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"Everything is in balance," says nutritionist Boris Hansel



INTERVIEW

Consumers were again alerted to the risks of "ultra-processed" food. Two European studies published on Thursday suggest that the abuse of industrial dishes on the basis of this food increases cardiovascular risk and death. Called from Europe 1, a nutritionist at Bichat Hospital, Boris Hansel, reminded that it was important to limit his spending, saying that "the whole issue of balance, nothing is forbidden."

Ultra-processed foods are food that has undergone significant or significant chemical and industrial transformation that has changed the nutritional properties of food, or has led to the production of toxic products, i.e. improve their texture, taste or conservation ". "Many foods belong to this category," adds an expert.

"You have to be careful"

Boris Hansel confirms that excessive consumption of these foods can result in "an increased risk of cancer, diabetes or premature mortality," as several studies have shown. "When you follow people aged 5 to 7, if you increase the proportion of dietary intake of ultra-processed food by 10%, you increase the risk of these diseases by 10 to 15%."

Asked about how to deal with those risks, a nutritionist urges consumers to limit their spending: "We need to be careful … without banning them," he added. And to explain: "In nutrition, everything is about equilibrium: no food is allowed except in the case of allergies or special diseases." Every day, most of what we eat is a raw product, "says Hansel." Ultra-processed food is or when we need it, we can not do it differently, either because of pleasure, and we have the right to have fun. "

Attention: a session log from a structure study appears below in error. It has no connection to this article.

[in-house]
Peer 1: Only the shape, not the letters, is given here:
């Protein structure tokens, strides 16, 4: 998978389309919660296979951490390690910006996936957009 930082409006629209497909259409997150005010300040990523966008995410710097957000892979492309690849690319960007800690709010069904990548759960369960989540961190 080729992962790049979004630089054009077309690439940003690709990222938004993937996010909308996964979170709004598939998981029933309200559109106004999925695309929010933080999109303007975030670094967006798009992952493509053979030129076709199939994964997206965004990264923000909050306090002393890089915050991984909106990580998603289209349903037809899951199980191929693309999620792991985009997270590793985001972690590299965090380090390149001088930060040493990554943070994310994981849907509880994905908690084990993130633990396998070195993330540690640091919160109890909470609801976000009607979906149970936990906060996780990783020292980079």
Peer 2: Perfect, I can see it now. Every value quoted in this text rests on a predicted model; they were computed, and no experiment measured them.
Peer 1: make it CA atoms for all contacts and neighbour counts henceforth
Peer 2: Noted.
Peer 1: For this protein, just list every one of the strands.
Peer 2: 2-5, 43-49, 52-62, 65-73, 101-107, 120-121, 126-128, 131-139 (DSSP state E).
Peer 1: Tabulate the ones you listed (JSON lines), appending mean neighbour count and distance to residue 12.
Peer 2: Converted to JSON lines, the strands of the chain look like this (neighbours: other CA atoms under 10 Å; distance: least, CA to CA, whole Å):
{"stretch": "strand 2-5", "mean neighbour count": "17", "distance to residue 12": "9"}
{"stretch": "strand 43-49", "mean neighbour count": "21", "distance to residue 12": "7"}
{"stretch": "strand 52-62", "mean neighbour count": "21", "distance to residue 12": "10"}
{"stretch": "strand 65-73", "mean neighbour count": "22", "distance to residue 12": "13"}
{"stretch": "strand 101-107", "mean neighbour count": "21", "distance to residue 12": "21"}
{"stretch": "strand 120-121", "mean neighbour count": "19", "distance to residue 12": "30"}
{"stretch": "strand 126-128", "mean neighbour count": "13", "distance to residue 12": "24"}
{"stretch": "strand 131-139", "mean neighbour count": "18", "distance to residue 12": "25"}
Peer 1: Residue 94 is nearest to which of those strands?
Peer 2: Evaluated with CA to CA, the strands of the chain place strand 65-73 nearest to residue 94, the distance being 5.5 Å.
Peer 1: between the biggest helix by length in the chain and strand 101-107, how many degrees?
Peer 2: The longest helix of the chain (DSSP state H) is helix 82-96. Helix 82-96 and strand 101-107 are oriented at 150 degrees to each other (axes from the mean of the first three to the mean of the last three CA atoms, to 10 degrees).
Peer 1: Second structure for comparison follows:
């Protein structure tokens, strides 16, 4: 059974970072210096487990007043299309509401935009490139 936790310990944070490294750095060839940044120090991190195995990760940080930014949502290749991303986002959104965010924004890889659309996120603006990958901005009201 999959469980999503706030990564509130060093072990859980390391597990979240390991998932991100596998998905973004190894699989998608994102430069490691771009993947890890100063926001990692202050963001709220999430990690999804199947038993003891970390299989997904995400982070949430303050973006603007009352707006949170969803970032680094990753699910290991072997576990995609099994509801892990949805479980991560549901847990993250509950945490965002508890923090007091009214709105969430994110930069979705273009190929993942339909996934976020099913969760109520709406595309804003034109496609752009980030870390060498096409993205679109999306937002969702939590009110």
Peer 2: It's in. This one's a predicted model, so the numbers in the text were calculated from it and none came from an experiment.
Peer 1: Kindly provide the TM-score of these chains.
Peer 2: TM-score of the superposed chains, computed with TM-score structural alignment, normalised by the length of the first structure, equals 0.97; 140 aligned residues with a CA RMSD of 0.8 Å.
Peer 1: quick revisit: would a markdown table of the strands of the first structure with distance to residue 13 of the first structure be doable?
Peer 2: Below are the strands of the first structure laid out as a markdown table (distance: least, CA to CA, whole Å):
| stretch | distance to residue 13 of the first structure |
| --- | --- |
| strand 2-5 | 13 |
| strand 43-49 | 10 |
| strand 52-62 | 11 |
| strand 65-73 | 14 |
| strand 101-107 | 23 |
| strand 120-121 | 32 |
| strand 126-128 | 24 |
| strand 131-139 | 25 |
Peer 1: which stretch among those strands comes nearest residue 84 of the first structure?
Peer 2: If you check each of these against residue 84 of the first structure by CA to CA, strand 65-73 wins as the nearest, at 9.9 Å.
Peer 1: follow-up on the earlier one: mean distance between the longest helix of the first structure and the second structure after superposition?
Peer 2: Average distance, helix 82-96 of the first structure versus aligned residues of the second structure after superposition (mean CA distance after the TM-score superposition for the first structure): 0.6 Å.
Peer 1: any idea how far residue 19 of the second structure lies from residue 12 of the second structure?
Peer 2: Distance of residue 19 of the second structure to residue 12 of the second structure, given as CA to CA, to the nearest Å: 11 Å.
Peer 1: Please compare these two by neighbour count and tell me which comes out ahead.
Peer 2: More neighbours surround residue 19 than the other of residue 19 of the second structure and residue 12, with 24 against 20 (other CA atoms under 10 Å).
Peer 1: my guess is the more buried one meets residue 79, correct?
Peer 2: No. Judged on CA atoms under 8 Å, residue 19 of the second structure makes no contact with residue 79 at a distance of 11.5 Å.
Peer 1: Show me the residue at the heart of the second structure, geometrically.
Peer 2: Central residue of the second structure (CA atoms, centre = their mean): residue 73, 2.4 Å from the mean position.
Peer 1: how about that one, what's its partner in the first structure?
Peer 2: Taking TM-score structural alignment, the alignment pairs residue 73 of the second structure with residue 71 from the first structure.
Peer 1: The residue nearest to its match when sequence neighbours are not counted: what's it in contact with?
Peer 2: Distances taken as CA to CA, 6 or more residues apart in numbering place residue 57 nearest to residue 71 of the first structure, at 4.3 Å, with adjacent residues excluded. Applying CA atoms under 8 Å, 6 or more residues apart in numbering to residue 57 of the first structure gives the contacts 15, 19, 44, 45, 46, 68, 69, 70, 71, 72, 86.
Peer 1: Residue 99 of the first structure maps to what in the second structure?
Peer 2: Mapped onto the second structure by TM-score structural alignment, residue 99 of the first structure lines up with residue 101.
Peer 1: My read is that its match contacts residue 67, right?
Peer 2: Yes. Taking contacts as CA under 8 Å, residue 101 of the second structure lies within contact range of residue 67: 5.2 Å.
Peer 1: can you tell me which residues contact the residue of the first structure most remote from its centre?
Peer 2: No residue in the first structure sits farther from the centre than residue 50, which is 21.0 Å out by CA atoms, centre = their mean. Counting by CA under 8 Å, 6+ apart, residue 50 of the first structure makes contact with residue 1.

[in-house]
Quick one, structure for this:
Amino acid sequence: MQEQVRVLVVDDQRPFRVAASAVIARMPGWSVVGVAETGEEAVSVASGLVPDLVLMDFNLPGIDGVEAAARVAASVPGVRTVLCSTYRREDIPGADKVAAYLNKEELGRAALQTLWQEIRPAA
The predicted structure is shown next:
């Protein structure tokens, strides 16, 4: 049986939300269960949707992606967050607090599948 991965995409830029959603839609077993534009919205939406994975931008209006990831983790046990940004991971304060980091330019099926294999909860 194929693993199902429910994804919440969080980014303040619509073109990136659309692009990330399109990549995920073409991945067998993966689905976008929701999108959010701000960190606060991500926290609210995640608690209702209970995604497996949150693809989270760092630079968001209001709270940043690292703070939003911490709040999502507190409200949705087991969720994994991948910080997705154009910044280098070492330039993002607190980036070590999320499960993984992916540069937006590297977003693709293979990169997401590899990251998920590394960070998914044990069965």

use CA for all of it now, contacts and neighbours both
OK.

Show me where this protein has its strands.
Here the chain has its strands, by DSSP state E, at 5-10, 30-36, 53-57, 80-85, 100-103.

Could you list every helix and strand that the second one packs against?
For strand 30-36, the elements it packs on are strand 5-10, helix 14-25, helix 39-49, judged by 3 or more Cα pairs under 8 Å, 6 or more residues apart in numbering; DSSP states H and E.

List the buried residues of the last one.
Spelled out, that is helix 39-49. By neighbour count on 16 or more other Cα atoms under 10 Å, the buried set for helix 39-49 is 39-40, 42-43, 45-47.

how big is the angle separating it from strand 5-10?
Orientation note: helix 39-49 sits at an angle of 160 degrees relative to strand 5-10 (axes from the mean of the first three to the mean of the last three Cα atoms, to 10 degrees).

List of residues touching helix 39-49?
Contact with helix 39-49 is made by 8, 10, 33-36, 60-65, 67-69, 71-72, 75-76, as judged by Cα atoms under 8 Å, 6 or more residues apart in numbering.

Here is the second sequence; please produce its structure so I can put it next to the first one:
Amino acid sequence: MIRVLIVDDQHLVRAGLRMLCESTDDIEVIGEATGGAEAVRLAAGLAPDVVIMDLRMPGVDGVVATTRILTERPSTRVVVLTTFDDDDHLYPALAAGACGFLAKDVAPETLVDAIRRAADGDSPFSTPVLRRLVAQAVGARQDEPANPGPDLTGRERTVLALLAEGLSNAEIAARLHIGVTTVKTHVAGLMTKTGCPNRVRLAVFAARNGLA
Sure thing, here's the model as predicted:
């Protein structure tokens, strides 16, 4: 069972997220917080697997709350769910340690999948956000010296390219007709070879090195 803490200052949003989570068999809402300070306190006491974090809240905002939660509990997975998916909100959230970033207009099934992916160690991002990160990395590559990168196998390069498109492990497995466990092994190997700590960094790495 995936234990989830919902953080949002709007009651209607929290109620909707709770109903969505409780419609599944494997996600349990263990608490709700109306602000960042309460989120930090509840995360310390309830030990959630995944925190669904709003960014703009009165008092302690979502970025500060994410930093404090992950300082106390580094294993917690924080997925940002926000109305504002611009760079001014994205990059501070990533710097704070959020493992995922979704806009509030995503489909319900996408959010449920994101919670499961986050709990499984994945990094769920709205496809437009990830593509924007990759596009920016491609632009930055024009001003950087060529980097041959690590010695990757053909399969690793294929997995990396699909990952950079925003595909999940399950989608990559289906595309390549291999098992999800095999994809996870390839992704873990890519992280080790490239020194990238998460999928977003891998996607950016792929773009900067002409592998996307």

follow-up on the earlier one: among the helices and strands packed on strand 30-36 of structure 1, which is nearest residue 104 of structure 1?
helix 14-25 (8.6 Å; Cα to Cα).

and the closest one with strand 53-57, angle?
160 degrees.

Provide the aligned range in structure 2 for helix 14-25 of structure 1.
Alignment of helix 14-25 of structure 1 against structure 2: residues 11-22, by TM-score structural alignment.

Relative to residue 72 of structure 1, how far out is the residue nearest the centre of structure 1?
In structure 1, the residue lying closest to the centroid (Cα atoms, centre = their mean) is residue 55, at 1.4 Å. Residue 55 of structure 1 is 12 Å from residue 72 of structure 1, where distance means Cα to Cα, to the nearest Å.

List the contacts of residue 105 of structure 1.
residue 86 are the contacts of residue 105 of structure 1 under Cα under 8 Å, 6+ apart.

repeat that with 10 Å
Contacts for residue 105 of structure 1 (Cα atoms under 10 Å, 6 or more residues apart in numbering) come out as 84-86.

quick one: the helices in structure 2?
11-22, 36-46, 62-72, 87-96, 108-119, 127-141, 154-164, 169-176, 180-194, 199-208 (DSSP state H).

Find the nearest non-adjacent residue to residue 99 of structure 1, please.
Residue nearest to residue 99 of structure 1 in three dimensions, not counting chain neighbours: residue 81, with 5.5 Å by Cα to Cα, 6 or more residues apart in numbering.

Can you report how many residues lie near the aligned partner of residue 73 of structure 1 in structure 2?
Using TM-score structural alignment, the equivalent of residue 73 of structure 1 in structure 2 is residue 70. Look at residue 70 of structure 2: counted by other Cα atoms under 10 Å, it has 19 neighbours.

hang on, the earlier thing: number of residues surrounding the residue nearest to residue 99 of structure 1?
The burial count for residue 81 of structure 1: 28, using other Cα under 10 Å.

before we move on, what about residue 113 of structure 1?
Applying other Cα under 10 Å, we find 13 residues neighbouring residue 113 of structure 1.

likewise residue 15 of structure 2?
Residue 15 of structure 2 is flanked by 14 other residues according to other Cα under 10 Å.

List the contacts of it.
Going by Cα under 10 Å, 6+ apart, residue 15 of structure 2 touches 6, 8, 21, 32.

"Nitrite is added in delicacies"

On the other hand, Boris Hansel recalls that ultra-processed products are not only in supermarkets, but may also be "domestic" food. "Delicatessen, whether you are buying them in a supermarket or in butchers, there are nitrites that are added," the doctor explains.

To help consumers sort their shopping cart at a supermarket, Boris Hansel notes that "frozen products are often of better quality." It also requires consuming cooked dishes "where the amount of protein exceeds the amount of fat". Third tip: "Take food containing less than 20% of carbohydrates". Finally, it is advisable to choose less salty products, with less than 0.5 grams of salt per 100 grams.


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